A proposal to set criteria for accrediting clinical psychologists favours local graduates and could put foreign-trained professionals at a disadvantage, even shrinking the city’s English-language services leaving patients high and dry, say critics.
Hong Kong’s clinical psychologists are vastly divided on how the city’s accreditation system should work. Approving the controversial proposal could affect service to patients and the career prospects for psychologists trained outside of Hong Kong. Such psychologists make up one-sixth of the city’s practitioners.
There are concerns that forcing them out of the trade could leave English-speakers with nowhere to turn for help and raise prices dramatically. This could impact particularly harshly on low-income, non-Cantonese speaking patients.
Closing the door or upholding standards
Currently, Hong Kong does not require clinical psychologists to be licensed or registered with a government agency or professional board to practise in the territory so as to ensure “professional autonomy”.
But, to better uphold healthcare standards, Hong Kong’s health ministry has rolled out the Accredited Registers Scheme for Healthcare Professions, which operates under the principle of “one profession, one professional body, one register”.
Simply put, one professional body will be accredited and responsible for administering the register of its profession. Entering the register means clinical psychologists are accredited, which could help reassure patients and increase chances of getting hired to serve more patients.
Protecting their own
But this push has given way to disputes since the Hong Kong Psychological Society’s Division of Clinical Psychology (DCP), a major body in the profession mainly made up of clinical psychology graduates from Chinese University (CUHK) or Hong Kong University (HKU), proposed criteria for accreditation that may favour locally trained practitioners.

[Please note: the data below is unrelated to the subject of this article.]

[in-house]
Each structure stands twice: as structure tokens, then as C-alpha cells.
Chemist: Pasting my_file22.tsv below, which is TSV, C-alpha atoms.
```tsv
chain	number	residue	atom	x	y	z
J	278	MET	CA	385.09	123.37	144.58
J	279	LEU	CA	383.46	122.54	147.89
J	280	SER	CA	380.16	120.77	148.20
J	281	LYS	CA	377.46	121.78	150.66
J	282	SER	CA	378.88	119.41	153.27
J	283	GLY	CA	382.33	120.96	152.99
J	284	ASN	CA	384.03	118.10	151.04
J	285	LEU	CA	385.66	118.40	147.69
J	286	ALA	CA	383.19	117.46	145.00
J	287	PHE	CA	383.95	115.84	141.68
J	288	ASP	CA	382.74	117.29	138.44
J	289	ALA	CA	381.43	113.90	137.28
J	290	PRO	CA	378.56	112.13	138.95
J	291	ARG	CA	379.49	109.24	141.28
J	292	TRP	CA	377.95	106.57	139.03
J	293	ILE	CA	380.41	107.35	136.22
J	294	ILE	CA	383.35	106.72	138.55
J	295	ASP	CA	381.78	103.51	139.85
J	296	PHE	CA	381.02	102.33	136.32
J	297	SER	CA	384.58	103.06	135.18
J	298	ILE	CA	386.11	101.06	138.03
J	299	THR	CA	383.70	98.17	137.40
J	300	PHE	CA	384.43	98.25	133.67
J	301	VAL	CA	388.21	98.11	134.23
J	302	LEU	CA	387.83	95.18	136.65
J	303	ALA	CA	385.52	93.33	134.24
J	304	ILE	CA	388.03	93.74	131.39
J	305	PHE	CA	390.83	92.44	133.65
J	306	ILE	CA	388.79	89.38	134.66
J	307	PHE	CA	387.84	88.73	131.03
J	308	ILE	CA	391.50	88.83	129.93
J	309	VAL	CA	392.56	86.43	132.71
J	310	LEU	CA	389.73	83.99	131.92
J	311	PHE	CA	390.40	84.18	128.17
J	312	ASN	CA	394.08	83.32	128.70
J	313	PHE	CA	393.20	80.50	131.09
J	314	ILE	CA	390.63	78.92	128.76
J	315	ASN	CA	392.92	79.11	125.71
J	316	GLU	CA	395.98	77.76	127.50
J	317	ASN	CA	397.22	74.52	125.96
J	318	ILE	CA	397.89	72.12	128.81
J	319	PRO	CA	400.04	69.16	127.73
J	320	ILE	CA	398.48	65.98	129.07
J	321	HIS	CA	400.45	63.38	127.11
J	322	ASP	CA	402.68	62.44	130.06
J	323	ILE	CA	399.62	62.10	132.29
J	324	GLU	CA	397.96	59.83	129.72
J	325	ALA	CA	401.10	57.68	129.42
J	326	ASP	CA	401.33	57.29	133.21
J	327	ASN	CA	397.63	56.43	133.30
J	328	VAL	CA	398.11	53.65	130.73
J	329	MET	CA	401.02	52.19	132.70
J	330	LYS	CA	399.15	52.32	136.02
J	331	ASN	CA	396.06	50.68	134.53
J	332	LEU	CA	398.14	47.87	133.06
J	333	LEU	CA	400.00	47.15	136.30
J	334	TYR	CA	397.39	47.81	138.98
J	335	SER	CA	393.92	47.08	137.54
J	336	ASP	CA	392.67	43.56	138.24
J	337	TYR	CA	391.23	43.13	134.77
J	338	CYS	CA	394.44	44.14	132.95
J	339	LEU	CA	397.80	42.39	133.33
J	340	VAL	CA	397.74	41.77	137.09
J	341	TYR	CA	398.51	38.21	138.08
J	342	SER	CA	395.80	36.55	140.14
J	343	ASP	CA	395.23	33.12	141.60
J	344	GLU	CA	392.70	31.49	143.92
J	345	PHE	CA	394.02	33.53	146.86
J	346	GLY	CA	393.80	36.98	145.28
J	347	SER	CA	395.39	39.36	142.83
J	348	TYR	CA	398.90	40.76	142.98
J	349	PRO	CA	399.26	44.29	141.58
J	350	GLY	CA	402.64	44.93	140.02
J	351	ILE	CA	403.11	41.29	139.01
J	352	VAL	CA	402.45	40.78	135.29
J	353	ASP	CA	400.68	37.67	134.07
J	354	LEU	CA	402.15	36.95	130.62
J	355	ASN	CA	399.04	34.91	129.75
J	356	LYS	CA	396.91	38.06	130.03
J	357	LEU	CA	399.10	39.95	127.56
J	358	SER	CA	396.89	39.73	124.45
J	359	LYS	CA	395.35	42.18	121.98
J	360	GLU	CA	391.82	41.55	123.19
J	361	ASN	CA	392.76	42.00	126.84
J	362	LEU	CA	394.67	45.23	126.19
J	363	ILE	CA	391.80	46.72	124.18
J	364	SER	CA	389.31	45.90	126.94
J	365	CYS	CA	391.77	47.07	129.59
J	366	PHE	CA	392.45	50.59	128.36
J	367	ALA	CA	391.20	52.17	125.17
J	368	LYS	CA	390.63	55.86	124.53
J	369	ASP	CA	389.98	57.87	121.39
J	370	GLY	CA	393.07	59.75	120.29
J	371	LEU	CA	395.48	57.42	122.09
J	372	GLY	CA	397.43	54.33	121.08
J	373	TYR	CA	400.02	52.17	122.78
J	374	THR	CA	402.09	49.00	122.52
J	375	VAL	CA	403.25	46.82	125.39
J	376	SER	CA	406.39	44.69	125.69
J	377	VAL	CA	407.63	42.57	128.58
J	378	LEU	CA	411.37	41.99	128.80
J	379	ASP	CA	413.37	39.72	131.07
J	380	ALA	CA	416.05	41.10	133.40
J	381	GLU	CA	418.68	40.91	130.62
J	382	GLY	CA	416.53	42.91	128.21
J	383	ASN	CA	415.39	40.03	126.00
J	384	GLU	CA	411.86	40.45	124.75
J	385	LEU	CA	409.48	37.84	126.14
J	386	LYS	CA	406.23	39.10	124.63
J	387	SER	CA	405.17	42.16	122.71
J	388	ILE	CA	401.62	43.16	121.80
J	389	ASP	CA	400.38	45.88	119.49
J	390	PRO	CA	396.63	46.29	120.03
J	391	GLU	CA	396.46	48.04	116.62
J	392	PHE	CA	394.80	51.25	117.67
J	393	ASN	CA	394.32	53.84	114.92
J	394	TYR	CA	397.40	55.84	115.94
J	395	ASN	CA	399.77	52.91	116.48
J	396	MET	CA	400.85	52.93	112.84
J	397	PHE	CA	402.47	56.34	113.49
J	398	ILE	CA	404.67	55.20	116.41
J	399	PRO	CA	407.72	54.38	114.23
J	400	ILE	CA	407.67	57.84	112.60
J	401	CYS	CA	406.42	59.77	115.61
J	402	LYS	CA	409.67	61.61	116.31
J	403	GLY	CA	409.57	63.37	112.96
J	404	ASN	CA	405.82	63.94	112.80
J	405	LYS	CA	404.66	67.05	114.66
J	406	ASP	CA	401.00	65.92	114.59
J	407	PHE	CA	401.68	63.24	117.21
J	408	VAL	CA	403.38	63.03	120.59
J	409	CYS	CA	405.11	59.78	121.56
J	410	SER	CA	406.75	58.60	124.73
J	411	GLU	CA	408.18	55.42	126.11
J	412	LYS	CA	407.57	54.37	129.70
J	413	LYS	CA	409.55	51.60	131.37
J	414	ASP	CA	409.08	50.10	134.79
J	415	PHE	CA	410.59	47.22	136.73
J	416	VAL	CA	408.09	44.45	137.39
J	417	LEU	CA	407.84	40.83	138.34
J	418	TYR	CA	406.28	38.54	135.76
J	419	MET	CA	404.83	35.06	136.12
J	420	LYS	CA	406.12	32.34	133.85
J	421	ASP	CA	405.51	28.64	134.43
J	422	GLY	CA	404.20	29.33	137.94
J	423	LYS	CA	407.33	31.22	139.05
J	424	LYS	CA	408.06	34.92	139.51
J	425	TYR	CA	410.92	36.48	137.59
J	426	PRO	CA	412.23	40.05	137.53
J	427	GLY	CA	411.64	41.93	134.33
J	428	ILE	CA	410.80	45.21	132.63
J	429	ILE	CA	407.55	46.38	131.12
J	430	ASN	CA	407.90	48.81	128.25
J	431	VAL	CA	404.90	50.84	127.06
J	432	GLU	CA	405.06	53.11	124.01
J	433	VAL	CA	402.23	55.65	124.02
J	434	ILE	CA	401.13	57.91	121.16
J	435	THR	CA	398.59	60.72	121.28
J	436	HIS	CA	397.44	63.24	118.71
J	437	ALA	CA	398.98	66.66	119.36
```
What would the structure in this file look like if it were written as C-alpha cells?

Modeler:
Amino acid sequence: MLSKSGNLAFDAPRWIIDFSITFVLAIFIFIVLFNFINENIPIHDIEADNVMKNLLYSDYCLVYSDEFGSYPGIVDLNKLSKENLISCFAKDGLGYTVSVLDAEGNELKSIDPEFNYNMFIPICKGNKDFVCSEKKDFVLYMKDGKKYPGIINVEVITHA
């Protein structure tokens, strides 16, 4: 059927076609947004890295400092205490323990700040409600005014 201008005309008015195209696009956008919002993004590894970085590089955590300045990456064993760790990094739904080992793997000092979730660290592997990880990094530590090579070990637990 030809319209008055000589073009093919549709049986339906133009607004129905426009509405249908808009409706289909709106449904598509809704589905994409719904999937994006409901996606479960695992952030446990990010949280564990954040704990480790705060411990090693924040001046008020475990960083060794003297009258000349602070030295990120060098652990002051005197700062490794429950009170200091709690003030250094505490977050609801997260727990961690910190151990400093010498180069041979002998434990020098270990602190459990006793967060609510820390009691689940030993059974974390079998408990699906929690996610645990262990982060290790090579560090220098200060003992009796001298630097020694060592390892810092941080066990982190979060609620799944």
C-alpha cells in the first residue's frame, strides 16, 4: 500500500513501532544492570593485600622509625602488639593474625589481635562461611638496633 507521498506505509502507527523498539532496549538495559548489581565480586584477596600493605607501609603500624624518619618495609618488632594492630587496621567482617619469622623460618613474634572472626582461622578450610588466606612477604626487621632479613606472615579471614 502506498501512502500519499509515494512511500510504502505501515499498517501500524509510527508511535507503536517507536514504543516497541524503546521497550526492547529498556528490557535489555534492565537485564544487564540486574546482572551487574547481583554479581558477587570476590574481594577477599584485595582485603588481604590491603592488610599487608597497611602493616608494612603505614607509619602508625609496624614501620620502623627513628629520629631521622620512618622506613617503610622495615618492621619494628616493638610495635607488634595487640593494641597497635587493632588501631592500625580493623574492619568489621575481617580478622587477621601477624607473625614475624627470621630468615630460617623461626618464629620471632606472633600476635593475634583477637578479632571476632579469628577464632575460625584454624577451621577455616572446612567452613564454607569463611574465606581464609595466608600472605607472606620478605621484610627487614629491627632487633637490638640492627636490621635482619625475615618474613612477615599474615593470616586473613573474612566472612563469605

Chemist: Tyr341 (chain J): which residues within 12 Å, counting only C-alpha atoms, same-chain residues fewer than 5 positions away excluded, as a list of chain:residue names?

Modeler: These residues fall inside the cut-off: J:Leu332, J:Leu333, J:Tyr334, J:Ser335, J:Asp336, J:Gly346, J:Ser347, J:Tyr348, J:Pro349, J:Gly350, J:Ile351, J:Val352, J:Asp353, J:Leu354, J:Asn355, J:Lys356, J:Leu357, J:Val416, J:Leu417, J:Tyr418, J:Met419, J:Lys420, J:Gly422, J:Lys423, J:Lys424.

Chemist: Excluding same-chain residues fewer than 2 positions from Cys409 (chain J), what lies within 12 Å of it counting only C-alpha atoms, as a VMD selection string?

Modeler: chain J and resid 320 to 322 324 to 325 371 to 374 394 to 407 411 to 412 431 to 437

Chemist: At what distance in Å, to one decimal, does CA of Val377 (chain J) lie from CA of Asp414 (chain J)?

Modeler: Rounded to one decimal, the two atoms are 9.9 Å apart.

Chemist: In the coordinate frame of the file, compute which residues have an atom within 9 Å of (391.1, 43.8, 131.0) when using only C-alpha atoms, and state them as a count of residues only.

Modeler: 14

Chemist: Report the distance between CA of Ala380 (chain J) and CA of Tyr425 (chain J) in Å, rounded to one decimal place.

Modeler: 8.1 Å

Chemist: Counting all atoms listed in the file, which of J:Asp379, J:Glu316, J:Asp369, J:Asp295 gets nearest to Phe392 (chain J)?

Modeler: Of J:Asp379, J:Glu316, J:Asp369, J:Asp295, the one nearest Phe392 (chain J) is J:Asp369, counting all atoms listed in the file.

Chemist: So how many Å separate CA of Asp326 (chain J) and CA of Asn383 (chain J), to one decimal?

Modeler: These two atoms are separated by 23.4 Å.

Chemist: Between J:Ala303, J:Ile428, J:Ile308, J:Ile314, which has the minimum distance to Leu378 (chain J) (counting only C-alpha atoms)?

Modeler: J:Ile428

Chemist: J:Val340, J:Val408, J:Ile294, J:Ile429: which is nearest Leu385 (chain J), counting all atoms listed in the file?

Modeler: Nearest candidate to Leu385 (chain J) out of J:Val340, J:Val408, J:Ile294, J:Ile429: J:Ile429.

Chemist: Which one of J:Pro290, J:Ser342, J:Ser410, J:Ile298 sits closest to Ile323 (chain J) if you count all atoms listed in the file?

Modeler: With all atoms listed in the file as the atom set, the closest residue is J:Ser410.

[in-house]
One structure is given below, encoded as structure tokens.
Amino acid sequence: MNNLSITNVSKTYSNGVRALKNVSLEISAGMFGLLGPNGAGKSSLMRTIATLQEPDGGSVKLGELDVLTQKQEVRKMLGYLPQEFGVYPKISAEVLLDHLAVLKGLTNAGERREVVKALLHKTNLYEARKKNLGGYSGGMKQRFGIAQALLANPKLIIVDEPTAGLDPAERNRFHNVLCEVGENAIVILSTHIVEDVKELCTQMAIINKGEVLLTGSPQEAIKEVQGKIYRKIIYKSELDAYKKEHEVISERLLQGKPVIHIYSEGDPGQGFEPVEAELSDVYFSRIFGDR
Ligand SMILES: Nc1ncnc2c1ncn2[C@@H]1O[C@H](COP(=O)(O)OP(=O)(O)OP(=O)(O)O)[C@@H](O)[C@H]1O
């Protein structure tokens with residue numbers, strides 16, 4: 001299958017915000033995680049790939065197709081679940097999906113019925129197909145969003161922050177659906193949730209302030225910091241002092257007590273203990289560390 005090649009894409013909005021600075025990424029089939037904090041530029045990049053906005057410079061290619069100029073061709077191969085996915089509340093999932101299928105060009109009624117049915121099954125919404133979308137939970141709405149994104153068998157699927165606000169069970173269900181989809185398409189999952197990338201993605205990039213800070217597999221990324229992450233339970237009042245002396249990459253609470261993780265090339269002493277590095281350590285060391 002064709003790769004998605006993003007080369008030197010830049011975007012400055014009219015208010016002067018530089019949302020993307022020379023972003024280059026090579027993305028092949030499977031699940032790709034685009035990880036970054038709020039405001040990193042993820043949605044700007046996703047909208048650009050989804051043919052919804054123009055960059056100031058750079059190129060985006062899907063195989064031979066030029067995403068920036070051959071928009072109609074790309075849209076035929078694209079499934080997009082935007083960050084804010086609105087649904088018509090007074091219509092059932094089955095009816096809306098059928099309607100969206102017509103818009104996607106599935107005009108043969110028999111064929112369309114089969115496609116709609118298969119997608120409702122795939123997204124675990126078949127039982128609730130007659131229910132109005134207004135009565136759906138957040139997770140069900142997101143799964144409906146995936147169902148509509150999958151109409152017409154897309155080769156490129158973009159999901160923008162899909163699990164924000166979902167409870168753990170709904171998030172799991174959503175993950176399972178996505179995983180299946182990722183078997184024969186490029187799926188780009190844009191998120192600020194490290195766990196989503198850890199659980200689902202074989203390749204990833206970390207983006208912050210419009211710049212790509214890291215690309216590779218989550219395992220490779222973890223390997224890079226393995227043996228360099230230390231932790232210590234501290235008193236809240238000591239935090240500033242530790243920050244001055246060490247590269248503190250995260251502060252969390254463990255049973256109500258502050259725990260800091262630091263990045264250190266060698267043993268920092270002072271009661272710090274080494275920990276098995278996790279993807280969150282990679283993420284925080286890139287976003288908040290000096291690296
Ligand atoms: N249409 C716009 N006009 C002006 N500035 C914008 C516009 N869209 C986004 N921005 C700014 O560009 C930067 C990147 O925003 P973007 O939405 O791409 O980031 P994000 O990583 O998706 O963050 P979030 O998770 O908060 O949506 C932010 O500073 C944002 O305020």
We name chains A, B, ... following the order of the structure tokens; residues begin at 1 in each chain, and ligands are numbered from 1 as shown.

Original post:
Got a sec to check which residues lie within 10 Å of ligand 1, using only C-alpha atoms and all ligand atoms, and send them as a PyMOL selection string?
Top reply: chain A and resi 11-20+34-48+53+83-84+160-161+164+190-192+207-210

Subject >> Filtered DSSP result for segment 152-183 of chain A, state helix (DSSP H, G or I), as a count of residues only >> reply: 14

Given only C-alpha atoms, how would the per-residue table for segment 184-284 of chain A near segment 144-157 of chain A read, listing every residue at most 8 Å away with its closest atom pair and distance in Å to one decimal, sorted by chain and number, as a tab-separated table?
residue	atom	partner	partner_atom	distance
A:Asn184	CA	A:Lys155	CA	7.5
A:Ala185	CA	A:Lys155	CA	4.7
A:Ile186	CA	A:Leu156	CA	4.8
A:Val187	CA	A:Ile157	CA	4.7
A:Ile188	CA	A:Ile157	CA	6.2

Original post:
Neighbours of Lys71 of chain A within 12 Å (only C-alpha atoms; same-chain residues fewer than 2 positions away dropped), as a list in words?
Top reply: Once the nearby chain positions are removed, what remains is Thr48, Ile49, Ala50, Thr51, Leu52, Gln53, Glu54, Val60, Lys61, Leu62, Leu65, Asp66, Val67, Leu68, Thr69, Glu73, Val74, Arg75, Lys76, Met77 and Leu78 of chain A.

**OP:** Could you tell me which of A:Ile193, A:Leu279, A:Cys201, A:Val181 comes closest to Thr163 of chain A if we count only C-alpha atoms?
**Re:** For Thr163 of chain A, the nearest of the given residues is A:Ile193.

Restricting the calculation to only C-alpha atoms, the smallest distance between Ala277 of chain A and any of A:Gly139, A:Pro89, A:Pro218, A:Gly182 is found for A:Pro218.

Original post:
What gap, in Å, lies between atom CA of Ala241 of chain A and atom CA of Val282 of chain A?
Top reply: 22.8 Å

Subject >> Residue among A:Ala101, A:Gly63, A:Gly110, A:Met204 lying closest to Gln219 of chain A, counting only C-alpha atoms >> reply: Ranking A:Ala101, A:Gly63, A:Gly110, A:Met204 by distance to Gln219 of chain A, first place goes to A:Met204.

“The proposal provides for an unobstructed registry for clinical psychology graduates from CUHK and HKU, while those graduated or licensed elsewhere will have to meet certain requirements even if they hold a doctoral degree. This is unfair,” says Dr Joseph Siu, chairman of the Hong Kong Association of Doctors in Clinical Psychology (HKADCP), another major professional group.
“To be eligible for accreditation, these clinical psychologists will need to go through remedial training, which will take 300 hours and require an annual review by a supervisor and an employer. This is insulting for already-experienced clinical psychologists,” he adds.
DCP’s proposal requires applicants to have professional knowledge and skills in local psychological testing – hence the need for remedial training in Hong Kong.
Few foreign trained clinical psychologists would have worked in local settings due to the location of the training programs as well as cultural and linguistic differences.
Dr Siu explains that the remedial training will create an added burden for overseas-trained clinical psychologists and this will affect their work and their prospects for employment.
Proposed requirements violate ethical codes
Another criterion that Dr Siu finds absurd is the proposed admission review to assess applicants on a case-by-case basis. They will have to submit proof of their practice experience, which will involve handing over patient records. This is not only technically difficult, as it requires patients’ consent, but also against ethic codes.
Despite the criticism, DCP’s proposal has been given a priority review as the group represents more clinical psychologists in the city than any other.
“We are trying to extend clinical psychological service to more communities. If there are fewer psychologists on the market, the public will have limited access to mental health service and rely more on the public healthcare sector, which will result in longer waiting time to get treated,” Dr Siu explains.
He adds that many of the clinical psychologists trained overseas are working at NGOs to serve the mentally vulnerable groups.
Impact on the vulnerable
Setting the bar higher for overseas trained psychologists, who may not be Cantonese speakers, could also have an impact on the local non-Chinese speaking community, warns Ms Shalini Mahtani, the founder of the Zubin Foundation.
“Our ethnic minority community represents 3 percent of Hong Kong’s population. If the mental health provider is not able to fully understand what you are saying because of the subtleties of the language, that is a problem, and a risk to the patient. This is simply unacceptable,” she explains.
“Some of the youth in the ethnic minority community have given examples of how their local practitioner has just not understood the cultural sensitivities of their culture. We have had to refer them to the overseas practitioners in Hong Kong, some of whom have had much more exposure to the South Asian and South Asian communities,” Ms Mahtani adds.